July 5, 2013 |
NORMAN, OKLA. - A concert benefiting Oklahoma tornado victims has drawn some of the biggest names in country music, but with proceeds intended for charity it is not attracting scalpers hoping to prey on an unsuspecting public. Oklahoma natives Toby Keith and Garth Brooks are among the star-studded lineup planned for the Oklahoma Twister Relief Concert, at the University of Oklahoma's Gaylord Family-Oklahoma Memorial Stadium tomorrow. Other performers include Trisha Yearwood, Willie Nelson, Sammy Hagar, Ronnie Dunn, Mel Tillis and John Anderson, as well as Carrie Underwood, who will perform via satellite from the Grand Ole Opry House in Nashville.
October 6, 2009 |
Crusty baseball manager and Philly native Lee Elia was right: Playoffs or no, 85 percent of the world has to work instead of going to a daytime ball game. Because of Major League Baseball's schedulers, the other 15 percent are coming out ahead in a sudden buyer's market for Phillies playoff tickets. Sports history notes that Elia used a torrent of salty language in his legendary 1983 rant about the day-game spectators of his Cubs team. And after word came Sunday that the Phillies would launch their world-title-defending playoff run with day games tomorrow and Thursday, Elia-esque expletives echoed through the Phanatic masses.
May 30, 2009 |
Calm down Being ejected by a 32-year-old fill-in umpire angered Terry Francona so badly that the Boston Red Sox manager had to be examined by emergency medical technicians in Minneapolis after the game for elevated blood pressure. The Boston Herald reported yesterday that Francona, 50, who got the boot from Tim Tichenor, an umpire in the Pacific Coast League, in the seventh inning Thursday night, was venting to his coaches so vociferously after the game that a member of the training staff suggested he get checked out before the team boarded a plane for Toronto.
March 25, 2009 |
THE DEAD may no longer be Grateful, but they are still generous and the band is looking to reward their fans, help their charities and make some bones with ticket scalpers. Band members announced yesterday that people who want to sit in the up-close-and-personal rows at their concerts can bid for tickets the group held back and is now putting up for auction online. Guitarist Bob Weir says people who bid through charityfolks.com must collect their tickets the day of the show, decreasing the possibility of scalping.
August 10, 2008 |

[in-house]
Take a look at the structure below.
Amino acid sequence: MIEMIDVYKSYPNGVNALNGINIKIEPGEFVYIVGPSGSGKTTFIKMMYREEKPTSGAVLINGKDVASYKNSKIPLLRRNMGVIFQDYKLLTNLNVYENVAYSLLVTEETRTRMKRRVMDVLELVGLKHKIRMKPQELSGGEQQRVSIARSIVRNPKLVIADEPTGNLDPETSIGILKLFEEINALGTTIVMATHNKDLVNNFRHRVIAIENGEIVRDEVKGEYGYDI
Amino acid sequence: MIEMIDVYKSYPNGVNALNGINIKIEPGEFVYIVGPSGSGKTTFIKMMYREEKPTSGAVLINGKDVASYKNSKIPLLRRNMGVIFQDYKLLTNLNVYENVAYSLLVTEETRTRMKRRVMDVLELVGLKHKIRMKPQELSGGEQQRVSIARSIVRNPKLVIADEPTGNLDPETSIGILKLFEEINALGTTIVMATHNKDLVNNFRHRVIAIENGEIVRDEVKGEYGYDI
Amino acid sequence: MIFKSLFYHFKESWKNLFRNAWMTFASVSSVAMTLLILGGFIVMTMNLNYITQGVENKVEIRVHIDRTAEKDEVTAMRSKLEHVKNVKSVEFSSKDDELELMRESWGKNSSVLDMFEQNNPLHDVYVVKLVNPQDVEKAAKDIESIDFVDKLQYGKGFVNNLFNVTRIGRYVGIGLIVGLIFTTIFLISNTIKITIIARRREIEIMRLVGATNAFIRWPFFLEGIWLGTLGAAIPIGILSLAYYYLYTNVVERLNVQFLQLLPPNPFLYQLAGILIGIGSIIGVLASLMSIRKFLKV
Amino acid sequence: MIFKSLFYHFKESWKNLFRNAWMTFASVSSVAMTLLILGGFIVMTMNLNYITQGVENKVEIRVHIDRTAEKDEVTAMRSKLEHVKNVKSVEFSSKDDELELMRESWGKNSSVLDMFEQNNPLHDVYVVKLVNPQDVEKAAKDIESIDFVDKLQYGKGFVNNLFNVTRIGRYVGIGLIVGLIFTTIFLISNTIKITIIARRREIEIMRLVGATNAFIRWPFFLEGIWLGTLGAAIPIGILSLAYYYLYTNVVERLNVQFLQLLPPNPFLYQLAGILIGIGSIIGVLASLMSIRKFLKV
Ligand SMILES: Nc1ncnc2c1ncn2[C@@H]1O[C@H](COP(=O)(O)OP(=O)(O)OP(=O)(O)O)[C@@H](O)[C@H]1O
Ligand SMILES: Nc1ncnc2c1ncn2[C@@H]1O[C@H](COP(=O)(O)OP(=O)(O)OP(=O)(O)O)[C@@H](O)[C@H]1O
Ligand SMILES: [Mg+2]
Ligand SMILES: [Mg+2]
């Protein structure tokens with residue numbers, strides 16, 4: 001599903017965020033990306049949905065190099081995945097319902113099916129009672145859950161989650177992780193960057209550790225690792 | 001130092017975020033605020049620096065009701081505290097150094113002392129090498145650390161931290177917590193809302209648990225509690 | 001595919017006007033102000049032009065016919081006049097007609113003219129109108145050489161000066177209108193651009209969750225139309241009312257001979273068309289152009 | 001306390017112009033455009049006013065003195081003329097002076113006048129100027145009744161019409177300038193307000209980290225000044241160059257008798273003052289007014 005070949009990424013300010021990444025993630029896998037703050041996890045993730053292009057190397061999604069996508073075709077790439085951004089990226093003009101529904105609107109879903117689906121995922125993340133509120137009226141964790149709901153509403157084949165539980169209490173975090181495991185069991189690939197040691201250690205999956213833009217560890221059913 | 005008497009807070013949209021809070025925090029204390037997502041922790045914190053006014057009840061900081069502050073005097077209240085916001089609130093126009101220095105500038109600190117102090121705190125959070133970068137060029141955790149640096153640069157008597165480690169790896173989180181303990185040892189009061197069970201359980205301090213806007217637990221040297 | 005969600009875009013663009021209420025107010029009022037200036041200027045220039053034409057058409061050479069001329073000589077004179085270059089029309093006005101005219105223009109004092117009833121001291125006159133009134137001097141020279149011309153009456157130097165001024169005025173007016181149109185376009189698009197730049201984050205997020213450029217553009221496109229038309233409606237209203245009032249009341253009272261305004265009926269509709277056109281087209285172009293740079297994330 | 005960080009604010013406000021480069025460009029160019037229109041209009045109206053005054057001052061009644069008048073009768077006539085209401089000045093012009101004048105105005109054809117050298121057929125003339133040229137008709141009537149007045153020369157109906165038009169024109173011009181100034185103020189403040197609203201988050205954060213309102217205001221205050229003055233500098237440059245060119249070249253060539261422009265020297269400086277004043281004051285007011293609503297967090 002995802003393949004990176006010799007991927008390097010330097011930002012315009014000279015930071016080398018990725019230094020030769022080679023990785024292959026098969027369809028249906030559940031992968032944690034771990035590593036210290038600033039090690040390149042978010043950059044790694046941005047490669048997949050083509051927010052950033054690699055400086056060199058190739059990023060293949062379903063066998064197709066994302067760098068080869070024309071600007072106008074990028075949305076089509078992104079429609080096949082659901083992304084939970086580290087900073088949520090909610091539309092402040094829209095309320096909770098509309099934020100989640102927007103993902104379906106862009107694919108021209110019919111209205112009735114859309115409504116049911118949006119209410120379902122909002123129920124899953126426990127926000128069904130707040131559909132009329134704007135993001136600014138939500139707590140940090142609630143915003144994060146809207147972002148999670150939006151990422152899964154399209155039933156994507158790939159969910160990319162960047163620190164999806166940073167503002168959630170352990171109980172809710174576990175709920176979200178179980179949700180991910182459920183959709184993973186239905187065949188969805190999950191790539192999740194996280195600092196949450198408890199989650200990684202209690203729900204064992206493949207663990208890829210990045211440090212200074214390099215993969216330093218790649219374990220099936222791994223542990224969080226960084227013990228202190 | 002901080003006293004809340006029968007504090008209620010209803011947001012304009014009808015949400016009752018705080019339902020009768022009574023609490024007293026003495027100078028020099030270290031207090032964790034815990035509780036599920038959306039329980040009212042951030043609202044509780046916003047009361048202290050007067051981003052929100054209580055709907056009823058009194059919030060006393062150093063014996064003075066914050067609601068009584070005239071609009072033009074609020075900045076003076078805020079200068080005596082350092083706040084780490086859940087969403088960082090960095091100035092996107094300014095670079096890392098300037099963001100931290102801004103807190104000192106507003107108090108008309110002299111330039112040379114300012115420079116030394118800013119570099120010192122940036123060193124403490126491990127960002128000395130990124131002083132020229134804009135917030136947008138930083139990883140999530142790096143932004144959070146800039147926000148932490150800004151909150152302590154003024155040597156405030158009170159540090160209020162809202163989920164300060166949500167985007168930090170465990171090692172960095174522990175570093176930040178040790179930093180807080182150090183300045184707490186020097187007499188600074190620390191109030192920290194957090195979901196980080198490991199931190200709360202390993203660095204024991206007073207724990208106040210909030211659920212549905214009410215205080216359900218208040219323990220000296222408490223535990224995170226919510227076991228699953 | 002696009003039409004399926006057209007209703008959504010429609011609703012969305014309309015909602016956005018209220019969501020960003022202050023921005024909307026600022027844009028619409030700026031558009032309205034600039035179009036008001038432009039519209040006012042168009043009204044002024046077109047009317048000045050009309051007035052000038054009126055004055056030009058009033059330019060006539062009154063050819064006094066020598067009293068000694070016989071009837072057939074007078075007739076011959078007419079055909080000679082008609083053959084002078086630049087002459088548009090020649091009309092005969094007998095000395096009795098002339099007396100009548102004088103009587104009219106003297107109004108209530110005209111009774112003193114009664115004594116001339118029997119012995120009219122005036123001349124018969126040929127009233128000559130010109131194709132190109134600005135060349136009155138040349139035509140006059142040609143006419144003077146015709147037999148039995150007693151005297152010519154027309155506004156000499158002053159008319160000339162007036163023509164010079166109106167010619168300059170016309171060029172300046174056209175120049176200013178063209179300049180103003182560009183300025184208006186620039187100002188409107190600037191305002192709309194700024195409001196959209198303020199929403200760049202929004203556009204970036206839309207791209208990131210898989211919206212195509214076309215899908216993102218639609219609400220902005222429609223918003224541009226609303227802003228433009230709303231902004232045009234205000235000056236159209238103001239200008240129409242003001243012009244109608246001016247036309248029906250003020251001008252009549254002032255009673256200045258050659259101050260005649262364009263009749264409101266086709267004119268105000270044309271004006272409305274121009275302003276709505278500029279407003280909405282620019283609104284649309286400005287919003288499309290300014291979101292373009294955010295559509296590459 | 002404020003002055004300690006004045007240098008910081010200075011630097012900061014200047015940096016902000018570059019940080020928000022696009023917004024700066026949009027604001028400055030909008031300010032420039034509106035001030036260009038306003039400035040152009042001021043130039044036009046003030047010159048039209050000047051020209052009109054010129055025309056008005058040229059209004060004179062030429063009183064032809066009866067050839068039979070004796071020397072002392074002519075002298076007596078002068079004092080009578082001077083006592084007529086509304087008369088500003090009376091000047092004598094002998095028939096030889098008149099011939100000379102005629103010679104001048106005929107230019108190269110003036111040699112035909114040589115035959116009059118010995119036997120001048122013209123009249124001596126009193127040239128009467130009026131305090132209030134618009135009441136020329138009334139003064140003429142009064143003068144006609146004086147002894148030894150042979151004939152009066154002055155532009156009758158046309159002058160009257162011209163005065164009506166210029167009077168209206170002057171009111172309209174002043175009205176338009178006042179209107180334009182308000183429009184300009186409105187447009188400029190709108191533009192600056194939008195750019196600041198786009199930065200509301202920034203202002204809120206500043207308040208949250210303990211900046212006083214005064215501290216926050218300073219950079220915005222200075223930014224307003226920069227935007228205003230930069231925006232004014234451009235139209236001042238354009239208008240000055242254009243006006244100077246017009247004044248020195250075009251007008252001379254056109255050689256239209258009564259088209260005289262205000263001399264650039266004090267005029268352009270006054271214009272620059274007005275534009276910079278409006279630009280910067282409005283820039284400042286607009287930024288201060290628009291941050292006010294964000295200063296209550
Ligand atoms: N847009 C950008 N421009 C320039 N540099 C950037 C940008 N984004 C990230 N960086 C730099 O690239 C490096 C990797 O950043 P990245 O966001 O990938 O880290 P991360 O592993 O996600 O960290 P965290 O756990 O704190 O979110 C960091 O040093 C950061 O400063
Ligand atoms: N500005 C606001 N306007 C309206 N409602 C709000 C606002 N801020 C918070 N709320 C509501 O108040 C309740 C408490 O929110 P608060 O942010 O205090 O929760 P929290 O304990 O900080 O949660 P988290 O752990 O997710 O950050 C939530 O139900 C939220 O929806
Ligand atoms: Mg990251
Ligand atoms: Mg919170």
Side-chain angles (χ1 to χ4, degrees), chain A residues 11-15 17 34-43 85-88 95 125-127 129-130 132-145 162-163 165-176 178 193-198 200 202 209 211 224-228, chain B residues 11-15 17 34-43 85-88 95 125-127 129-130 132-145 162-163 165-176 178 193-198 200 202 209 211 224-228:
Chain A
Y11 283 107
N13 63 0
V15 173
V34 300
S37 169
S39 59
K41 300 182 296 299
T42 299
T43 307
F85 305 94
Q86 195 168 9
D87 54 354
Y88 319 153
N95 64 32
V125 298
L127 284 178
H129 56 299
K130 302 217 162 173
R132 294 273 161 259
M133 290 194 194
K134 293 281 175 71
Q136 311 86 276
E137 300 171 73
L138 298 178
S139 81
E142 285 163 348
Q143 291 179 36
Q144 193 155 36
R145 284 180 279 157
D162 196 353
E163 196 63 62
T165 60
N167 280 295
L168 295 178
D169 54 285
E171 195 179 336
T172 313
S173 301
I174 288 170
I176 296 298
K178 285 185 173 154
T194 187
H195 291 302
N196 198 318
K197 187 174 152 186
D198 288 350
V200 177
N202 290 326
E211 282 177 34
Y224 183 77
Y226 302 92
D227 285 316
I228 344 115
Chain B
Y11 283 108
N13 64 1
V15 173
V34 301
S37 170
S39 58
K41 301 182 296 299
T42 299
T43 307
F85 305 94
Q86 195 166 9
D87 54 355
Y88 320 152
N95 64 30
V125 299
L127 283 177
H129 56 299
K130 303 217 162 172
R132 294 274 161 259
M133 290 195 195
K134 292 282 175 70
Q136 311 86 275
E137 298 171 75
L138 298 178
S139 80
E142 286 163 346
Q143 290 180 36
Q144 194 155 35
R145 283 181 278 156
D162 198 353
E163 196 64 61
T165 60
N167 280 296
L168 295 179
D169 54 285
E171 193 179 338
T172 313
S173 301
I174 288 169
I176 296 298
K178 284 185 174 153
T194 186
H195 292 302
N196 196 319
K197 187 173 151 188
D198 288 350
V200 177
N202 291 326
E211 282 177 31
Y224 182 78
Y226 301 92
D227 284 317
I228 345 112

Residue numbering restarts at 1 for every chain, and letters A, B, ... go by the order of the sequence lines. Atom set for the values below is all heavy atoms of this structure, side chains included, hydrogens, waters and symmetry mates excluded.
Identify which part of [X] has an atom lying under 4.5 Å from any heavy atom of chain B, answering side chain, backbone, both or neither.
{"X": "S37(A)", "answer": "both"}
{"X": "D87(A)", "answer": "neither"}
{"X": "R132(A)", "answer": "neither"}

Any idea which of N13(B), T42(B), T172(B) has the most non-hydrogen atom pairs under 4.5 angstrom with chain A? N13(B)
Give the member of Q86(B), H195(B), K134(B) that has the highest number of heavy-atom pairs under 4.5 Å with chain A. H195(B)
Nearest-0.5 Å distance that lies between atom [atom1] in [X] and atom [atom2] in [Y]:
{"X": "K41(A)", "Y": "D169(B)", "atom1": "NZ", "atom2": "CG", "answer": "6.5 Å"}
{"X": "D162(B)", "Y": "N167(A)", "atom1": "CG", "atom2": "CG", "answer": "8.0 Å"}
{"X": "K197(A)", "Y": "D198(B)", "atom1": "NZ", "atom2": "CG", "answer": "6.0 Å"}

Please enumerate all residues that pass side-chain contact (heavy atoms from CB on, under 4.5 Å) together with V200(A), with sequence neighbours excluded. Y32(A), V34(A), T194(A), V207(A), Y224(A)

BEIJING - After all the worries about Beijing's pollution, in the end, withering heat and humidity took a greater toll on Olympic athletes. Yesterday marked the first outdoor endurance competition of the Games - the grueling 152-mile men's cycling road race that started at the historic Temple of Heaven and wound up at the Great Wall. The capital's thick haze from the last few days lifted a bit, allowing sunlight through as riders wound their way through the sweltering 61/2-hour race over the hilly course.
June 28, 2008 |
Out on the sidewalk, business seemed pathetic. The sold-out Phillies game with the Los Angeles Angels, about to start, caused little obvious ticket buying or selling outside Citizens Bank Park. "I'm Little Joe Moe; if I make $100, I'm happy," said one middle-age guy willing to buy or sell a ticket, but not finding takers. "I'm struggling. " His customers already were inside. The box seats held plenty of newcomers. In the fourth row of Section 116, just behind the Phillies' dugout, Sam Benson of Holland, Bucks County, and three buddies celebrated his ninth birthday.
October 5, 2006 |
Intense demand for tickets to the sold-out Eagles-Cowboys game Sunday at Lincoln Financial Field has pushed resale prices of the tickets to the highest of any NFL game this season. "From what we're seeing in the secondary market, this is the most in-demand ticket of the season," said Kenneth Dotson, chief marketing officer at TicketsNow.com, a Web site that lists tickets available from brokers across the country. The average Eagles-Cowboys ticket selling on that Web site has been $401, Dotson said.
March 28, 2006 |
Clyde DeLoatch, a 500-pound ticket scalper who was a fixture outside the South Philadelphia sports complex since he was 13, died Saturday from kidney failure. He was 41. Mr. DeLoatch, universally known as Clyde, was too heavy and too sick to stand in his last years, so he would plop down on two, three and finally four milk crates, singing out his favorite chorus, "Who needs tickets?" "I love tickets," Mr. DeLoatch said in an interview a few years ago. "It's why God put me on this Earth.
February 7, 2005 |
The scalpers were selling, if you knew where to look. The sponsors and vendors were every place you looked. Yesterday, in and around Alltel Stadium, the Super Bowl was American commerce on display, in all its glory. And everyone was buying. At Bay Street and Gator Bowl Boulevard, the final street corner before the stadium area, a few Eagles fans and Patriots fans, and a couple of scalpers who were connoisseurs of old-fashioned free enterprise, had quietly broken off from the crowd and begun negotiating.
January 18, 2005
MAYBE YOU CAN answer me this: If L&I staffers are being paid all this overtime during every Eagles game to enforce the laws against scalpers, T-shirt sales, hats, etc. - why is my neighborhood near 13th and Packer loaded with these vendors? As a tax-paying resident of Philadelphia, I say our money is being wasted. Andrew J. Dankanich Philadelphia